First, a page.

Algebra (all content)
Review your knowledge of ellipse equations and their features: center, radii, and foci.
What is the standard equation of an ellipse?
This is the standard equation of the ellipse centered at
, whose horizontal radius is and vertical radius is .
Want to learn more about ellipse equation? Check out this video.
Check your understanding
Which ellipse is represented by the equation
Want to try more problems like this? Check out this exercise.
Want to join the conversation?
- Just for the sake of formality, is it better to represent the denominator (radius) as a power such as 3^2 or just as the whole number i.e. 9.(14 votes)
- That would make sense, but in a question, an equation would hardly ever be presented like that. It would make more sense of the question actually requires you to find the square root. Having 3^2 as the denominator most certainly makes sense, but it just makes the question a whole lot easier.(16 votes)
- Please explain me derivation of equation of ellipse.(7 votes)
- *Would the radius of an ellipse match the radius in the beginning of a parabola or hyperbola?* How could we calculate the area of an ellipse? Do they occur naturally in nature? Do they have any value in the real world other than mirrors and greeting cards and JS programming (https://www.khanacademy.org/computer-programming/spin-off-of-ellipse-demonstration/5350296801574912)? Can they be classified as circles? Or would circles be classified as an ellipse? How could the circumference of an ellipse be measured? Would you still use π? What about a cylinder with a base that is an ellipse instead of a circle? How would formulas change for manipulating circles vs. ellipse?(5 votes)
- I might can help with some of your questions.
Area of ellipse https://www.math.hmc.edu/funfacts/ffiles/10006.3.shtml
Ellipses occur naturally in nature - Kepler found them as descriptions of planetary orbits, and helped to begin modern astronomy. I think they also are descriptive of a cable bearing a load. Other examples can be found with a Google search
Circles are a special class of ellipse.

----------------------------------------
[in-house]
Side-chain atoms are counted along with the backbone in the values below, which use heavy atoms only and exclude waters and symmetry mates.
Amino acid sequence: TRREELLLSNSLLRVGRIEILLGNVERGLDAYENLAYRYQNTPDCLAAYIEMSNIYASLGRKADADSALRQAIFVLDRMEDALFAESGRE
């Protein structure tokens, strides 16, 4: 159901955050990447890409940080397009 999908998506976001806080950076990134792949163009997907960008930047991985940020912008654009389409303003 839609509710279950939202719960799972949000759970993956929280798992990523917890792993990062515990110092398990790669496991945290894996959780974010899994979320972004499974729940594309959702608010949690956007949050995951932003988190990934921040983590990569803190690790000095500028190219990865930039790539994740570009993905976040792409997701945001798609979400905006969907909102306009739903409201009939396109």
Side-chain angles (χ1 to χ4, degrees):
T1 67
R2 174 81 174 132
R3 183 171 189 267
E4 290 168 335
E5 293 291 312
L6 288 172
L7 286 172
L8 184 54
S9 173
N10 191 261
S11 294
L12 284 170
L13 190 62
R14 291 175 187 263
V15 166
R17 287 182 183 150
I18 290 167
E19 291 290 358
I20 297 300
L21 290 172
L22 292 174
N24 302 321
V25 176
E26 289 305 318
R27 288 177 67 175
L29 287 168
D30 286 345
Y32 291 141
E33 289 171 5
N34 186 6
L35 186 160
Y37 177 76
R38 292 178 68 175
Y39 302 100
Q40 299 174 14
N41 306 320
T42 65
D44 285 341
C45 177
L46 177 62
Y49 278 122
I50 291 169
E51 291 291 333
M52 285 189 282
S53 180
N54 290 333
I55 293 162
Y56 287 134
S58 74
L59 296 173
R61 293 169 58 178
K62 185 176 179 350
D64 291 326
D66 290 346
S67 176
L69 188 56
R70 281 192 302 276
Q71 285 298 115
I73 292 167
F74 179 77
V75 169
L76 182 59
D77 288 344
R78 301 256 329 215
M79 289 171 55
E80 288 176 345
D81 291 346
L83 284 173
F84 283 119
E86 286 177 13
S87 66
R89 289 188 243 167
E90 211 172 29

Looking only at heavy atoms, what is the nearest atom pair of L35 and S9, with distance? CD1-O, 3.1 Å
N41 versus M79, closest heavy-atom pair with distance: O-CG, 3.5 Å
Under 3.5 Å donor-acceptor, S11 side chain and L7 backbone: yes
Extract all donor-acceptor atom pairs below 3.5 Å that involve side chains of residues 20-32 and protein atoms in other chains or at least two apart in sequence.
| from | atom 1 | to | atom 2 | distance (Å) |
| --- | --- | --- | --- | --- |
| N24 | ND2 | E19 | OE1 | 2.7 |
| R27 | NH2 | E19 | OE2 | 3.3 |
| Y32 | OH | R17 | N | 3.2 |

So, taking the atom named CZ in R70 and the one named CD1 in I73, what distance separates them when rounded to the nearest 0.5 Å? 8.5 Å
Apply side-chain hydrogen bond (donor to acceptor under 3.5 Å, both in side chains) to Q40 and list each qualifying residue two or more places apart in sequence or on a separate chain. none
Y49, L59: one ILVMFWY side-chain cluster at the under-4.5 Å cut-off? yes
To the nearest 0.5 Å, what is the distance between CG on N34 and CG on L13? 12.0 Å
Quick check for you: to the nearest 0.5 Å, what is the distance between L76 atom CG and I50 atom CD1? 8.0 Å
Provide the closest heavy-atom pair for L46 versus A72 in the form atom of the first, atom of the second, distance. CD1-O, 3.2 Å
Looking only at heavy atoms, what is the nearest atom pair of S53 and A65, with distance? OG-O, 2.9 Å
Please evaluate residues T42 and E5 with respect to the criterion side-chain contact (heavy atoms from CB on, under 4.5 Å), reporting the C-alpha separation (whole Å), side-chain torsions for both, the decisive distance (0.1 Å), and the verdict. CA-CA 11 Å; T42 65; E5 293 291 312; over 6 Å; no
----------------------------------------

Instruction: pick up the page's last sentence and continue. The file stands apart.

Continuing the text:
Ellipse perimeter is more difficult. Someone else might help.
- What if the center isn't the origin? Is the equation still equal to one?(4 votes)
- Regardless of where the ellipse is centered, the right hand side of the ellipse equation is always equal to 1.(4 votes)
- Can someone explain to me the derivation of the Ellipse Equation? Sal explained in the intro video how it's similar to the circle, with just the radius being unequal in an ellipse, thus "a" and "b" for the denominator. However, this is still unclear to me... If someone can provide a detailed but intuitive explanation, that would be very helpful.(3 votes)
- This is on a different subject. But what gives me the right to change (p-q) to (p+q) and what's it called?(1 vote)
- The algebraic rule that allows you to change (p-q) to (p+q) is called the "additive inverse property." This property states that the sum of a number and its additive inverse is always equal to zero.
In this case, the additive inverse of q is -q. Therefore, if you add -q to p-q, you get:
p - q + (-q) = p - (q + q) = p - 2q
However, if you instead add q to both sides of p-q, you get:
p - q + q = p
And thus, you can substitute (p+q) for (p-q) if it makes sense in the context of the problem you are trying to solve. It is important to note that this substitution is only valid if you are adding or subtracting the same value to both sides of an equation, and you should be careful to keep track of any changes you make to ensure that your answer is still correct.(2 votes)
- How do I find the equation of the ellipse with centre (0,0) on the x-axis and passing through the point (-3,2*3^2/2) and (4,4/3*5^1/2)?(1 vote)
- The ellipse is centered at (0,0) but the minor radius is uneven (-3,18?) and (4,4/3*sqrt(5)?).
We know the ellipse equation to be
x^2/a^2 + y^2/b^2 = 1, where a is the first, b the second radius.
So - now, we have got 2 points that are satisfied by the equation.
9/a^2 + 324/b^2 = 1
16/a^2 + (32/9)/b^2 = 1
From here we solve by elimination LCM of 9 and 16 is I_.:
144/a^2 + 16*324/b^2 = 16
144/a^2 + 9*(32/9)/b^2 = 9
I_ - II_.:
16*324/b^2 + 9*(32/9)/b^2 = 7
b^2 = 7/5216
Insert the value in II. and a^2 is -0.006
=> there is no solution
(in case I got the numbers wrong, just change them - but the procedure should be the same. Get equations and solve for radii - this all asumes math without tilted ellipses, which is a tad bit more complicated :))(2 votes)
- A simple question that I have lost sight of during my reviews of Conics. Why is the standard equation of an ellipse equal to 1?(1 vote)
- The standard equation of a circle is x²+y²=r², where r is the radius. An ellipse is a circle that's been distorted in the x- and/or y-directions, which we do by multiplying the variables by a constant. e.g. we stretch by a factor of 3 in the horizontal direction by replacing x with 3x.
If we stretch the circle, the original radius of the circle becomes irrelevant. We could just as well have started with a smaller circle and stretched it more. So we normalize the equation, and get rid of the irrelevant 'r' variable, by just dividing both sides by the original r². The right-hand side is just 1 in every case, and all the information about the stretching is encoded in just the two coefficients.
We could have chosen a different constant to make the right-hand side equal to, and it would have served the same purpose. But 1 is simplest to work with, so we use that.(1 vote)